Much to the U.S. Embassy’s chagrin, however, relations between AIFLD and Mendoza turned sour. The U.P.D. leader played his trump card in February, when he allied himself with the militant anti-Duarte forces in the U.N.T.S. In turn, AIFLD, and in particular its hard-line leadership in Washington, embarked on a full-scale propaganda campaign to discredit the U.P.D.’s dissident leadership. Published AIFLD “briefs” described the formerly “democratic” union as having been infiltrated by the Marxist-Leninists and having been steered away from the Duarte camp.

In June, official U.S. sources say, labor attaché Paco Scanlan initiated a new series of meetings, this time between Mendoza and AIFLD. According to these sources, Scanlan was personally committed to drawing Mendoza and his union away from the opposition camp and was supported in that endeavor by Hernández, AIFLD’s El Salvador country director. The talks between Hernández and Mendoza bore fruit when the U.P.D. pulled out of the U.N.T.S., on November 16.

The classified U.S. Embassy memorandums show that there were sharp disagreements between U.S. officials in San Salvador and AIFLD’s Washington headquarters. The December 1985 memorandum laid part of the blame for the U.P.D.’s declining numbers on AIFLD:

By the end of 1985, the U.P.D. had been reduced to an emaciated shadow of its former organization. Internal power struggles and personality clashes together with deliberate AIFLD policy to supplant the U.P.D. with a non-political labor central … were the main reasons for the U.P.D.’s decline.

The November 1986 memorandum reported that Scanlan had become initiated by the apparent vendetta being conducted against the U.P.D. by AIFLD’s Washington office. It commented sharply:

AIFLD, which had great misgivings in Washington about the U.P.D. strategy, should direct its policy at holding our side together, while continuing to pick off U.N.T.S. member unions one-by-one.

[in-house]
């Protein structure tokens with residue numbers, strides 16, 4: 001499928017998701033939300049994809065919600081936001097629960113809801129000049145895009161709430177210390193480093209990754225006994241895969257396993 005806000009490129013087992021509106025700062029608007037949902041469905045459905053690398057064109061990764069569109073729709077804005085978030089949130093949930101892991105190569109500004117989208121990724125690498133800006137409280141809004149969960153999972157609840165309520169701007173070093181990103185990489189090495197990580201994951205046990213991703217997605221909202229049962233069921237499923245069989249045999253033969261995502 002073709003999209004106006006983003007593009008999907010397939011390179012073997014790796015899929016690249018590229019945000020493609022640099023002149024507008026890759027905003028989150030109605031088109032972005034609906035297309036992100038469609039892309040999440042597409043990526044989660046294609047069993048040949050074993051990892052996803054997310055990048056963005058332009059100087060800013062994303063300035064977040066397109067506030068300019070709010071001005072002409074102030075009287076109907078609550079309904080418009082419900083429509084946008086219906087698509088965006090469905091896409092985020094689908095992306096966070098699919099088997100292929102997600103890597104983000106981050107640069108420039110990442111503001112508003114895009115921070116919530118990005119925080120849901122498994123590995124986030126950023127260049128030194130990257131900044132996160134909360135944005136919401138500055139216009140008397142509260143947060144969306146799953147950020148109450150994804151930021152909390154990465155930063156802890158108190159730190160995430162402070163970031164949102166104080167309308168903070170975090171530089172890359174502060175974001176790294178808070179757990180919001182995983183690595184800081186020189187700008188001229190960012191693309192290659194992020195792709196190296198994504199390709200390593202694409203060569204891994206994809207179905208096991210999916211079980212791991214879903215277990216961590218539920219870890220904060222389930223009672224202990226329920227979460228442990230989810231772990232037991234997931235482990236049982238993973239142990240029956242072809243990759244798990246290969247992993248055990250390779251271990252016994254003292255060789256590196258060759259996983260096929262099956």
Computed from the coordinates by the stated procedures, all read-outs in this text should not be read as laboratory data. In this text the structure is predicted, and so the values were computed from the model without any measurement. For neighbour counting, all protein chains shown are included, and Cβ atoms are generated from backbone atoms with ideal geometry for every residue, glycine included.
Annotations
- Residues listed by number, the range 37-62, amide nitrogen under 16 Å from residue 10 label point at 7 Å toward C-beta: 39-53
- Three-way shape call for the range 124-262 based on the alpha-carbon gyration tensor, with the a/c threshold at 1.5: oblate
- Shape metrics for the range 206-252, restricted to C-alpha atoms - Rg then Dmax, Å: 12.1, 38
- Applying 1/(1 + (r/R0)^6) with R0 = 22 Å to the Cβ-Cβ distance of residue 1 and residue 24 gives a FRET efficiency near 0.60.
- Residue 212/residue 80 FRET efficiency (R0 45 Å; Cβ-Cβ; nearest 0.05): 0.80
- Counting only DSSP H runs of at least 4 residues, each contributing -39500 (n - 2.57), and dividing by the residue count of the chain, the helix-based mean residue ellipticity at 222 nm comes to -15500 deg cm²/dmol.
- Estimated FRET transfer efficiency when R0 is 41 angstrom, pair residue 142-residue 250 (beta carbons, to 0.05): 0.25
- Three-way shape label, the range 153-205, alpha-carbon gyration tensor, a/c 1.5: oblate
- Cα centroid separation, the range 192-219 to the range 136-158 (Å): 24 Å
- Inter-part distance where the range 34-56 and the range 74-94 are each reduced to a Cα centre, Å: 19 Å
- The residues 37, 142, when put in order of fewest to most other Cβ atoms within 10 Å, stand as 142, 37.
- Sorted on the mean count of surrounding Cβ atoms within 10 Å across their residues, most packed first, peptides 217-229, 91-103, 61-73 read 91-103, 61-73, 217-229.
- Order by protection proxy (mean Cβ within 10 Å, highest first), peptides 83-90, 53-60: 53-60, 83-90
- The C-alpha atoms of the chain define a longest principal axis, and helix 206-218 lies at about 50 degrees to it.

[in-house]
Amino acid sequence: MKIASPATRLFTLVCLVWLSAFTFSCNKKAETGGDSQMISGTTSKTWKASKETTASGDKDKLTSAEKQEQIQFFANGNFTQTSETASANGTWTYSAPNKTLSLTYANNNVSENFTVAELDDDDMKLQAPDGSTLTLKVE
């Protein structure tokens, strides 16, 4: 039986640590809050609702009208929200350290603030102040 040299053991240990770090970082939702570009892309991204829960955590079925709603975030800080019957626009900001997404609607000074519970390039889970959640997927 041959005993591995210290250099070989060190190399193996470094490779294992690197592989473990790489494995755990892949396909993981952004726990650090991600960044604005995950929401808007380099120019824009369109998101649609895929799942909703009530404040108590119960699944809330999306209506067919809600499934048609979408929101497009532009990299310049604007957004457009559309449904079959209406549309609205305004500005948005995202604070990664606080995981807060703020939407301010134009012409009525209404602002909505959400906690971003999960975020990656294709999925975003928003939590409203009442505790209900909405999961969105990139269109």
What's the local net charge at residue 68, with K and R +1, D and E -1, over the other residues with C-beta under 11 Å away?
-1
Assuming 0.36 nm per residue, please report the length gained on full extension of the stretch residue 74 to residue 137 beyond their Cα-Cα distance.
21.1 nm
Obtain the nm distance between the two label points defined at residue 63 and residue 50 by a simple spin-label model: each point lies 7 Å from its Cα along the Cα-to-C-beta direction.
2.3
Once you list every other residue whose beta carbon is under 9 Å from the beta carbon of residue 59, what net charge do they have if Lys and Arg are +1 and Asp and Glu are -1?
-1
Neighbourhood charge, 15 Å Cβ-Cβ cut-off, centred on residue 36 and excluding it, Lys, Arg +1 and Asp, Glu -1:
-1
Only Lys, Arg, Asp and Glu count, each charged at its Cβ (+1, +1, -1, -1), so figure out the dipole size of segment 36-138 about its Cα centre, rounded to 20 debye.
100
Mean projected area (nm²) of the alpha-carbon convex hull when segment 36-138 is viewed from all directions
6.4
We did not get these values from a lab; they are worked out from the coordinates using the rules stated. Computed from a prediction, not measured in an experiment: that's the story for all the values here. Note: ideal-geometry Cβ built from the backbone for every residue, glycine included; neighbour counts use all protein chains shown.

The documents reveal that in exchange for his formal departure from the U.N.T.S., Mendoza received “initial assistance” of $3,000 from AIFLD. The secret agreement stipulated that neither AIFLD nor the other Salvadoran labor groups that the institute supports would attempt to steal union members from the U.P.D. At the same time it left open the possibility that by working closely with AIFLD and El Salvador’s ruling Christian Democratic Party, Mendoza might be able to poach on other member unions from the opposition labor camp.

AIFLD lavishes money on unions other than the U.P.D. in El Salvador. The largest recipient is the peasant-based Salvadoran Communal Union (U.C.S.), to which Mendoza himself once belonged. The U.C.S. receives $30,000 a month from the institute, and its leaders have often been accused of pocketing AIFLD funds. According to reliable union sources, after Mendoza broke from the united opposition, he told other labor leaders that if they followed his lead in breaking from U.N.T.S. he could secure payments for their organizations equivalent to $160 per member.

The embassy appears well pleased by its efforts. “The bottom line of this process is that things are going our way,” the memorandum to Shultz concluded:

In the past 12 months U.S. interests have been greatly served by the overall trends in Salvadoran labor. U.N.T.S. now stands denuded of its democratic facade and we have about as clean and neat a division between democratic and communist labor as we are ever likely to get in El Salvador. We have 250,000… on our side, they have 55,000 or Isici theirs. In the past 12 months, U.S. interests have been greatly served by the overall trends in Salvadoran labor. U.N.T.S. now stands denuded of its democratic facade and we have about as clean and neat a division between democratic and communist labor as we are ever likely to get in El Salvador. We have 250,000 … on our side, they have 55,000 or [sic] theirs.

The embassy documents make it clear that AIFLD and the U.S. labor attaché have now targeted other labor leaders to be lured away from the opposition camp. To protect President Duarte’s eroding position and “U.S. interests,” they appear ready to do whatever is necessary to rend El Salvador’s organized labor movement.